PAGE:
18/09/2016 at 11:14 pm #176627557
I live in Madison, and a couple of weeks ago I unfortunately received a speeding ticket on John Nolen Drive (right at the point where it drops down from 45 to 35, which is arbitrarily low if you ask me…). The cop explained to me during the stop that they had just received an influx of state grant money for stepping up their traffic enforcement. He further explained that his primary reason for pulling me over was because they’re most interested in cracking down on drunk drivers, and speeding is “often associated with drunk driving” (which is pretty funny/ironic if you know me, seeing as I’m a teetotaler, believe it or not!).
I can definitely confirm that they have stepped up traffic enforcement over the last couple of weeks in Madison. I stumbled across the NMA website and became a supporting member 1 day after I got the ticket, so sadly I don’t think I qualify for the Traffic Justice Program (brilliant idea, by the way!), but suffice it to say I will be fighting the ticket.
I called my two state legislators and told them I do not support the use of state funds on something so trivial and patronizing as traffic enforcement. One of the folks on the legislator’s staff explained that the purpose of the grant money is primarily intended to reduce drunk driving. Too bad to see that instead it’s just being used for speed traps. I also emailed my local alderman asking she increase the speed limits on certain local roads (she responded by passing the buck a little bit), and I emailed the Madison police department.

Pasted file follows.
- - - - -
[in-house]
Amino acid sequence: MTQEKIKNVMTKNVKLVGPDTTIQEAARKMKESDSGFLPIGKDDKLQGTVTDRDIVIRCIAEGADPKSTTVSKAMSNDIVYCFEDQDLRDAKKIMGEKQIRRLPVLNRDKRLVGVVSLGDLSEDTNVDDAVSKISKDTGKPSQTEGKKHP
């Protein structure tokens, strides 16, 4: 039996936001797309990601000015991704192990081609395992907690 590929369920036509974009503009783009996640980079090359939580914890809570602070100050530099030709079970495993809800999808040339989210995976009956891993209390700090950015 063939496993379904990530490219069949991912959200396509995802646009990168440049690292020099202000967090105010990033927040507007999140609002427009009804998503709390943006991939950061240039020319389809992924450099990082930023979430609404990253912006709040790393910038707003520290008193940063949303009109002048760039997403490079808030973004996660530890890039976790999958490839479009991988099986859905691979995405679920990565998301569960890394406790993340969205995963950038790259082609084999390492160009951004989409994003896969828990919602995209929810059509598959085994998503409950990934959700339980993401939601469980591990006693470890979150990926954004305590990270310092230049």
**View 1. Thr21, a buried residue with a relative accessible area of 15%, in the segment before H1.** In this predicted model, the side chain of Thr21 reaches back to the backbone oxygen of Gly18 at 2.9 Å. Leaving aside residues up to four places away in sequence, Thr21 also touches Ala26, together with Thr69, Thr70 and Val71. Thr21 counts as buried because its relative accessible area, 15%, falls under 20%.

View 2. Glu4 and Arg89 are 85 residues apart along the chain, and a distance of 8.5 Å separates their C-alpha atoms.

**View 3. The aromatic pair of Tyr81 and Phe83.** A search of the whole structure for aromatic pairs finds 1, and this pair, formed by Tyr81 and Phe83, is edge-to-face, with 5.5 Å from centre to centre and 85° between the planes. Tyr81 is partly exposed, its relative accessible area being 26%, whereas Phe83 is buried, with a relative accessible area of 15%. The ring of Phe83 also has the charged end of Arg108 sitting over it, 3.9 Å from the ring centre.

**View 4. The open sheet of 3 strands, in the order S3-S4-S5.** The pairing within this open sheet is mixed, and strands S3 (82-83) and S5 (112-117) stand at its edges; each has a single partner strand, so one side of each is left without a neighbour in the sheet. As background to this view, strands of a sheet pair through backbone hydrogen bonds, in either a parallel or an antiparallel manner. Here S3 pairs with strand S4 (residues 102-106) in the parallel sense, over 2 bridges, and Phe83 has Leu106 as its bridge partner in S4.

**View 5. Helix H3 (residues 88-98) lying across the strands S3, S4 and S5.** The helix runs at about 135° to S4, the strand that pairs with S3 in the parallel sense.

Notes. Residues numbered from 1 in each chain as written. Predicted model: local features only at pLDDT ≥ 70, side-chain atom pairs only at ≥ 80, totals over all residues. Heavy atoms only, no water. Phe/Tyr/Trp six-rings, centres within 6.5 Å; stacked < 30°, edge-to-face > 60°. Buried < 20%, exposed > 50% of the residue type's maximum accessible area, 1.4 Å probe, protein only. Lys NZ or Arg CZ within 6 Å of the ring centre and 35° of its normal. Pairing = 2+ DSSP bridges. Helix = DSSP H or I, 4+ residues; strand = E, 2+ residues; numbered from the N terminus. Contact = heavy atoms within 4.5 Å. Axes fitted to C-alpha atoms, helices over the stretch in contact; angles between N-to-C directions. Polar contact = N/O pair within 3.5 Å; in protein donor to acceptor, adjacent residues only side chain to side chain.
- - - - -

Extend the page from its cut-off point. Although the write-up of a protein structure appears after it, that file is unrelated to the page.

I thought I would share the response I got from the police, since police chief Koval actually responded to me one day later. Here’s what he said:
Thank you for taking the time to send us your thoughts via our website.
It is never “fun” to receive any sort of ticket so I can sympathize with your situation. While traffic enforcement may not seem to be a priority to some, I can tell you that it is the number one concern that is brought up when I am out in the community – people speeding, drivers texting while driving, pedestrians almost getting run over, etc. We also receive feedback via our website and phone calls from citizens who are concerned about traffic laws being broken and their safety on the roadways. Our role as police officers consists of trying to find a good balance of our workload responding to calls for service, investigating crimes, engaging with our community and conducting traffic/safety enforcement.
No one wants to receive a ticket. You may believe that there are better things for us to do. You may believe that no one would have been harmed if you speed. I was not present for your specific incident, but if you believe you did not deserve your ticket you are certainly entitled to take your case to the court hearing to contest your ticket. We are, however, officials who are asked to uphold the laws…even traffic laws…and we are doing our best to uphold these laws. I am sorry you are disappointed in the situation and I hope this response has provided at least some clarification of our role.
Thank you for your time.
I thought it was interesting that he pointed out the #1 complaint the P.D. gets from the community is that they don’t enforce speed limits enough. That seems out of balance to me. I let him know in a reply that I would have to gather like-minded citizens to offer opposing feedback, to help balance the scales a little bit. I’m hoping there are some other motorists here in Wisconsin, particularly in Madison, that would consider contacting the police department and similarly letting them know we think heavy-handed traffic enforcement and additional speed traps are not welcome nor needed.
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